More data and dialogue needed to tackle suicide crisis in construction

CEO believes pressure to have 'tough guy' mentality must be addressed

More data and dialogue needed to tackle suicide crisis in construction

At a recent industry event the CEO of Construction Safety Nova Scotia, MJ MacDonald, chatted with a union representative who told her morale and mental health was visibly poor among workers. Inquiring into why, the representative told her he knew of at least six people who had a personal connection or knew someone who died by suicide. “That message is a shocking number by any standard,” says MacDonald. “There’s a real problem here that needs to be tackled.”

Constructions workers have a 65 percent higher suicide rate than workers in all other sectors, according the U.S. Centers for Disease Control and Prevention.

“We believe that the data we get out of the US and other places is indicative of the situation here in Canada and as such it paints a bleak picture of the rate of suicides and mental illness in the sector,” says MacDonald.

While the construction safety expert believes the statistics are similar this side of the border, she’s calling for more data collection across Canada, saying this country does not have a source of national data broken up by sector. “One of the things we are advocating for with mental health partners is some collection of data that would be Canadian specific,” says MacDonald.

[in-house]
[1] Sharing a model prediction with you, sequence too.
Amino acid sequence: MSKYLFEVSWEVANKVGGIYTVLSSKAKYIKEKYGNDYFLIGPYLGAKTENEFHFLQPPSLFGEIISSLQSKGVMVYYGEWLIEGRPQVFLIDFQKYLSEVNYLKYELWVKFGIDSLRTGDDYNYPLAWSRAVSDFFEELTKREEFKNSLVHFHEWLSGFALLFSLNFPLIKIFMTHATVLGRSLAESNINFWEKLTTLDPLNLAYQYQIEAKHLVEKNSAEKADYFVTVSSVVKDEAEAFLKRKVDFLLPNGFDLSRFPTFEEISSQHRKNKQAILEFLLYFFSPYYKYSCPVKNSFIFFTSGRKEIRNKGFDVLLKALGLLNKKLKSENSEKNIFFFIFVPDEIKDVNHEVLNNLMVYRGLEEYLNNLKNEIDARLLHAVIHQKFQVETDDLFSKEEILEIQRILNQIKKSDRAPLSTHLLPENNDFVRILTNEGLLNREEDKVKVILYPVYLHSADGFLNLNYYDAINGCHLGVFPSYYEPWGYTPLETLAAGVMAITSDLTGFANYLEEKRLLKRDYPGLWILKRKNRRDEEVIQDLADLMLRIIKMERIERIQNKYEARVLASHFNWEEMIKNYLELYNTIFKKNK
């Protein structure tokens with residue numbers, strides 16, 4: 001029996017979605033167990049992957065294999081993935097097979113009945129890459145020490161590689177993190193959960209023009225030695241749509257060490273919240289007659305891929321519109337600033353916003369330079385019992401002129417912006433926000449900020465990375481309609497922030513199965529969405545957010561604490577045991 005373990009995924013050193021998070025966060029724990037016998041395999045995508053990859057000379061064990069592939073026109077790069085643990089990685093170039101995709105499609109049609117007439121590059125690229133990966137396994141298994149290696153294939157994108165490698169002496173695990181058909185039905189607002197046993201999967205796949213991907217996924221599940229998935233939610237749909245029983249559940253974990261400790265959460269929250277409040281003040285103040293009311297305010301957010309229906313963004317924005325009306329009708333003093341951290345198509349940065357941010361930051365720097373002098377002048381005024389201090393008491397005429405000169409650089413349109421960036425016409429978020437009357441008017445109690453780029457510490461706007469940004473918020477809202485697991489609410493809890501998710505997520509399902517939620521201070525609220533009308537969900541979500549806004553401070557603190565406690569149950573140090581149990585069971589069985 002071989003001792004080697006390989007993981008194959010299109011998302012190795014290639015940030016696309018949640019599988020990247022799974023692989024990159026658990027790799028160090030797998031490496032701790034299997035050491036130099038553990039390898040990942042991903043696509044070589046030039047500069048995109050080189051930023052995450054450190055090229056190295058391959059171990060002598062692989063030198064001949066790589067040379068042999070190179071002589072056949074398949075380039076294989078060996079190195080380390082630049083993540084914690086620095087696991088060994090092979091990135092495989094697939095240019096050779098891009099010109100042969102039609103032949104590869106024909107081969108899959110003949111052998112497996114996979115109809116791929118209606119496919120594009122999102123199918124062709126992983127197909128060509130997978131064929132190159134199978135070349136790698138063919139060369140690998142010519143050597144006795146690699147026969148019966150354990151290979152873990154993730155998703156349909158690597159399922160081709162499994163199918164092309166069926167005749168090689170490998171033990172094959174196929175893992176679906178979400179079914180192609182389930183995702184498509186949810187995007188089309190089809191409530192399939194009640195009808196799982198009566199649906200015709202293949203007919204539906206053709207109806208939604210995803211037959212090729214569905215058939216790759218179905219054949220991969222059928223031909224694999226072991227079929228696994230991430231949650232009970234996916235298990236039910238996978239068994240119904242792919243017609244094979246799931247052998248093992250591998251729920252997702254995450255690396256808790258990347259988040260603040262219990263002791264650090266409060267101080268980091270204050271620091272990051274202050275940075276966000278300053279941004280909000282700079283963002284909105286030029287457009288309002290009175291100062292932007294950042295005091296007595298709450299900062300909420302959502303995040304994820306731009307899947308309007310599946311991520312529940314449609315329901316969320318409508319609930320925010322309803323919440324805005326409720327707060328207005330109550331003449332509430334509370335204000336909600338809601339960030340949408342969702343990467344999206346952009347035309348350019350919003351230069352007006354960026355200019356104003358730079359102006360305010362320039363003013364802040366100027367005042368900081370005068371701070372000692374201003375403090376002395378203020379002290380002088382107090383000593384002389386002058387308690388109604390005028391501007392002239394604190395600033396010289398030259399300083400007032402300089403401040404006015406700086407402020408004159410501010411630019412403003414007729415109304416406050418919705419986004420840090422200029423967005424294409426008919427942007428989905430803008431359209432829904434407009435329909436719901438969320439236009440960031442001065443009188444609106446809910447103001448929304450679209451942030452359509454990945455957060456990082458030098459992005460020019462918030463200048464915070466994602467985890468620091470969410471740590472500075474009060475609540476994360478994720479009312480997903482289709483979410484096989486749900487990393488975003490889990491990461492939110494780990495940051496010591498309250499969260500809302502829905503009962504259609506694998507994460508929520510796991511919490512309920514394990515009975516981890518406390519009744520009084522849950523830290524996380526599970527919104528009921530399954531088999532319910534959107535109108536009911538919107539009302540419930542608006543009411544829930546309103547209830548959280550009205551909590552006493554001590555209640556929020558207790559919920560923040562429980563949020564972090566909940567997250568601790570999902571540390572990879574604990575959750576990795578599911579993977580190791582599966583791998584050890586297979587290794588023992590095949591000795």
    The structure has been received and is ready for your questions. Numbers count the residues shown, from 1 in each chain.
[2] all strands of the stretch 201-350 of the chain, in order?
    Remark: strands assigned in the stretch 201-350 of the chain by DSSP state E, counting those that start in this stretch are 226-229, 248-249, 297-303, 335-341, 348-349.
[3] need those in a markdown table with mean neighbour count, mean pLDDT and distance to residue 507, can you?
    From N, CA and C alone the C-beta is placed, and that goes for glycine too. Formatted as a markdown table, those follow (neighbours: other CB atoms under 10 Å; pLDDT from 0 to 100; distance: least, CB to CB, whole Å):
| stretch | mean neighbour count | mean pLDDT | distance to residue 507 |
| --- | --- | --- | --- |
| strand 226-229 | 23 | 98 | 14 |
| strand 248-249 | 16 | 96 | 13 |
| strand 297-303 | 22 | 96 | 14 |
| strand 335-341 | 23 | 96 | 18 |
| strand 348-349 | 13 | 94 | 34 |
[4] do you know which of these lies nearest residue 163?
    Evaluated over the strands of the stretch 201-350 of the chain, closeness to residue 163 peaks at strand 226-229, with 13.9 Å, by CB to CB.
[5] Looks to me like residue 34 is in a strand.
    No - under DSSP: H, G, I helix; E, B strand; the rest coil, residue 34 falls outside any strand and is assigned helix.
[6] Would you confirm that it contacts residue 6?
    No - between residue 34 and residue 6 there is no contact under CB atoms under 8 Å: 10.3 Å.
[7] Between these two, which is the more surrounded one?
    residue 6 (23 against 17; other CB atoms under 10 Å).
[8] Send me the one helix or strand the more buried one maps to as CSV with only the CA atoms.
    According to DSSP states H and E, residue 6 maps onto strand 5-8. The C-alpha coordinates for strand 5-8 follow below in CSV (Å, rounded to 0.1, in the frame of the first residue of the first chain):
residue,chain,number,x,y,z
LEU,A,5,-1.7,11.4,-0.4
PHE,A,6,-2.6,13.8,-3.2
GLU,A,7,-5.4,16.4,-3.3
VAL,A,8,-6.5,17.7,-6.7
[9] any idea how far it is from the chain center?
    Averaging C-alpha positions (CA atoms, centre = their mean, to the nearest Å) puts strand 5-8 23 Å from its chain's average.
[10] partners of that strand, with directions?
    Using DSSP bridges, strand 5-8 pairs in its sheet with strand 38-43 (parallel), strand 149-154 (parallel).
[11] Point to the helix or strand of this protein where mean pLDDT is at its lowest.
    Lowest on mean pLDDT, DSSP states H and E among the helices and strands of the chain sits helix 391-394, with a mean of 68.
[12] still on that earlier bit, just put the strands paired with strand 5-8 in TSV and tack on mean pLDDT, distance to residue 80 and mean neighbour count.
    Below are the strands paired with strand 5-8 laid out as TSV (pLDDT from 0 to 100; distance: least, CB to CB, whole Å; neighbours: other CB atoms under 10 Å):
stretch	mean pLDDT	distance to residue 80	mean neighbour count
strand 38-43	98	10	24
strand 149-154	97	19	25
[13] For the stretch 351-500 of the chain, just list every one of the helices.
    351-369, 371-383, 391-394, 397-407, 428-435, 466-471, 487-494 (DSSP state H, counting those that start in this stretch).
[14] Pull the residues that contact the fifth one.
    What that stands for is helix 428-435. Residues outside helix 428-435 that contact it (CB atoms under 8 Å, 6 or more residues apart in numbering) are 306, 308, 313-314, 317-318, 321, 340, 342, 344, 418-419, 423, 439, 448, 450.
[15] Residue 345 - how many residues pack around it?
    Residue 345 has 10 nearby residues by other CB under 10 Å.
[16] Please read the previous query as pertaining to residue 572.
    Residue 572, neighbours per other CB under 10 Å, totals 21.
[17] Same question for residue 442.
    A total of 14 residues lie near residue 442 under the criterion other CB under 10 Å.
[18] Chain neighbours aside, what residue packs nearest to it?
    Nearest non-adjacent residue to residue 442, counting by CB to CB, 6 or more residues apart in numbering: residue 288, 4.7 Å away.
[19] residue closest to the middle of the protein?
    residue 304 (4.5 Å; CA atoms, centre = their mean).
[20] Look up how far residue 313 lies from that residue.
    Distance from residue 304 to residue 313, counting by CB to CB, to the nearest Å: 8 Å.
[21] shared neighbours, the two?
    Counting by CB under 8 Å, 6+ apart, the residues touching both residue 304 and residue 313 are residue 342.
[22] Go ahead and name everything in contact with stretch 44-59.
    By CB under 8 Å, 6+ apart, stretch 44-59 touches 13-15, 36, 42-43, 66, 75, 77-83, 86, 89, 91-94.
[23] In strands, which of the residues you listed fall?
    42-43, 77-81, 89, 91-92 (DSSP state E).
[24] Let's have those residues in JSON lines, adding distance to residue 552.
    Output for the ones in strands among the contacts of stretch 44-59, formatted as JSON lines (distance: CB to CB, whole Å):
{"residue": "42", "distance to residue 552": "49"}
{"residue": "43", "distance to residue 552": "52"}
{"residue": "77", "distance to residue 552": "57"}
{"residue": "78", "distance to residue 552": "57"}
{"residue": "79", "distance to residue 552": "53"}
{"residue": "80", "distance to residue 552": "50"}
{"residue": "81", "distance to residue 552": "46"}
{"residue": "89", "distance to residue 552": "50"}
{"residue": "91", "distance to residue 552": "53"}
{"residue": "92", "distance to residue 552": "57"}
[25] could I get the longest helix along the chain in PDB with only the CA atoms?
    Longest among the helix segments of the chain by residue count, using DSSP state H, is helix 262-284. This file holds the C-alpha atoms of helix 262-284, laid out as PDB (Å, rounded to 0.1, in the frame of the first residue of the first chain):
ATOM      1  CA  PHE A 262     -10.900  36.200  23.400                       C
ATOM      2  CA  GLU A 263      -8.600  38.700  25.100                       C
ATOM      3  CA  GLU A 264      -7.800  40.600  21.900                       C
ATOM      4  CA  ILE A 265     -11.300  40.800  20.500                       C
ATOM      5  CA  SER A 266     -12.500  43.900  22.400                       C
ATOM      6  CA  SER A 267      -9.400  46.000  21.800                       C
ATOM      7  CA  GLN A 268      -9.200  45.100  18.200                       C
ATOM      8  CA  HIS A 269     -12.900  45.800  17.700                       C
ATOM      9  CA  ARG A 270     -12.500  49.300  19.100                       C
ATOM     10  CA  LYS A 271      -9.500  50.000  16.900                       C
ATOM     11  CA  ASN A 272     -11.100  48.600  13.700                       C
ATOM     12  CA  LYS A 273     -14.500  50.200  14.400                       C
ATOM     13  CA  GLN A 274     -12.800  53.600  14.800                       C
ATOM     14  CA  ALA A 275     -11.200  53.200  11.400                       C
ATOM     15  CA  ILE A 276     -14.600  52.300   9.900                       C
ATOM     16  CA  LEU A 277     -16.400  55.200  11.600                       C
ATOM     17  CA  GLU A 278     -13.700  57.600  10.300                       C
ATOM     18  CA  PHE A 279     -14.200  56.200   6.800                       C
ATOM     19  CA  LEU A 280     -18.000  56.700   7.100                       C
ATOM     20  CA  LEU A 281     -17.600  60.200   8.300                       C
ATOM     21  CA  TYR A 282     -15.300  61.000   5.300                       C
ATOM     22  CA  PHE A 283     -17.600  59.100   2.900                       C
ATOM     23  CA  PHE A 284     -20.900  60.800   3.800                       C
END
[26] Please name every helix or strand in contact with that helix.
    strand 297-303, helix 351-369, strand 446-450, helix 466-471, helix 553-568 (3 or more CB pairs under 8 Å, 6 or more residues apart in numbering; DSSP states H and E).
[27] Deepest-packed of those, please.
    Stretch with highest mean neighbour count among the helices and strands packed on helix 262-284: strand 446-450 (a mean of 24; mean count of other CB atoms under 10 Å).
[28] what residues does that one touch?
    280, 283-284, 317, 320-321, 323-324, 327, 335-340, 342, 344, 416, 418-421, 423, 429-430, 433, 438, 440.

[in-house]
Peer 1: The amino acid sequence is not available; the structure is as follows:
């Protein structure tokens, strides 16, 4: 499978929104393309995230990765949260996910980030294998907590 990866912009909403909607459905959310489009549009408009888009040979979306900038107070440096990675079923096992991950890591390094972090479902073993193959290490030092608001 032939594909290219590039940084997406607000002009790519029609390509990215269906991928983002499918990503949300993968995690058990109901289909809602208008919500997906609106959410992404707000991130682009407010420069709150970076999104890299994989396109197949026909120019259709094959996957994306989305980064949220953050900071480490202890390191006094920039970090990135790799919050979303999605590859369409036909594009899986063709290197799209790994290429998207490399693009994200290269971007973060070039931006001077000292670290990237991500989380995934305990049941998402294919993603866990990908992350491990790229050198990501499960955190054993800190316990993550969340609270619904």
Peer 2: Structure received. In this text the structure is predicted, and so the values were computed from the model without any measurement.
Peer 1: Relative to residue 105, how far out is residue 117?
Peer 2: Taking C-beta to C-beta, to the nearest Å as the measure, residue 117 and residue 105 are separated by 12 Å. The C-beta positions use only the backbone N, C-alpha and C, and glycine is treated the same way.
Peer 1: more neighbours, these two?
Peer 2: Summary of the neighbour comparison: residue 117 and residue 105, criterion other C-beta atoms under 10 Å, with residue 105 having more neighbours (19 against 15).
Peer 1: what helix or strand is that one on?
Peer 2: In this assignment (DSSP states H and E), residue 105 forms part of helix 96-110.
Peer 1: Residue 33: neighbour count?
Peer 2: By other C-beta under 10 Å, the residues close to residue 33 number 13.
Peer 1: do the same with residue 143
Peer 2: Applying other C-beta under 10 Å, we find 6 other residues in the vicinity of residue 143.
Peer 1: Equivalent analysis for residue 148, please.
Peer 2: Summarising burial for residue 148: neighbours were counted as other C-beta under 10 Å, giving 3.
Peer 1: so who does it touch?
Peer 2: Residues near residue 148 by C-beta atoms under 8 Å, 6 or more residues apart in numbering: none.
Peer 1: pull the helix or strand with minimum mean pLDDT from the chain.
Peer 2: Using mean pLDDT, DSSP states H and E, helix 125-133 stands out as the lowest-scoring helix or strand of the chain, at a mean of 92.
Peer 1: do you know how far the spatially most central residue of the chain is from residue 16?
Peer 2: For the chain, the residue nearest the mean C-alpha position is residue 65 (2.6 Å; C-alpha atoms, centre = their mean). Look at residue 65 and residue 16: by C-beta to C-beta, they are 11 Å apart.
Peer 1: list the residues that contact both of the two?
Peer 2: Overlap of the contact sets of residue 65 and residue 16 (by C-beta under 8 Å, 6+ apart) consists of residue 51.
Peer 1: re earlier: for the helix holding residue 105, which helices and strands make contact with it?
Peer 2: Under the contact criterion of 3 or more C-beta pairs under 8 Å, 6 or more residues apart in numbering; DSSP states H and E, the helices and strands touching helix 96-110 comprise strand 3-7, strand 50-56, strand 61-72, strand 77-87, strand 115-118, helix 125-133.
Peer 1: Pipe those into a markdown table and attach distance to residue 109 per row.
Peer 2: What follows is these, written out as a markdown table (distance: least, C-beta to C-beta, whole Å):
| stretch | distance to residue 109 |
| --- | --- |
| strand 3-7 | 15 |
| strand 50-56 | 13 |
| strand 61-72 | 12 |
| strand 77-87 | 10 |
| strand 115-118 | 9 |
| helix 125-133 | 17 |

There are many reasons why the construction industry sees higher rates of suicide.  According to the CDC report, it’s a mostly male industry with a “tough guy” mentality that makes it uncomfortable to talk about mental health.  “Primarily male dominated industry, men are given messages as they grow up [that’s] it’s weak to talk about your feelings if you’re not doing well,” says MacDonald. 

The Canadian Mental Health Association and The Centre for Addiction and Mental Health say about 4,000 Canadians per year die by suicide, and it is the second leading cause of death in men between the ages of 25 and 54.

Seasonal work and financial challenges are other contributing factors to higher suicide rates in the construction industry. Drug addiction can also play a role. According to a recent study by researchers from the Ontario Drug Policy Research Network (ODPRN), one in 13 opioid-related deaths in the province between 2018 and 2020 occurred among those in the sector.

One of the study authors, Dr. Tara Gomes, told CTV News the “construction industry stood out by far as an outlier”. The reasons behind it are a combination of pain management, job insecurity and having nowhere else to turn. 

MacDonald says employers need to keep the issue of mental health front and centre so that workers have someone to talk to when they’re struggling.

“We really need to continue to focus on this, talk about it, and when we notice someone who’s perhaps not seeming to do well or having an off day that we reach out and ask them how things are going, and see how we can support them,” says MacDonald.

September is suicide prevention month, which is why Construction Safety Nova Scotia is putting a spotlight on the issue. It has provided strategies and tips for broaching the difficult subject of mental health and suicide in the workplace on its website.  The toolbox talks focuses on warning signs, the risks of suicide in construction, and making mental health a priority.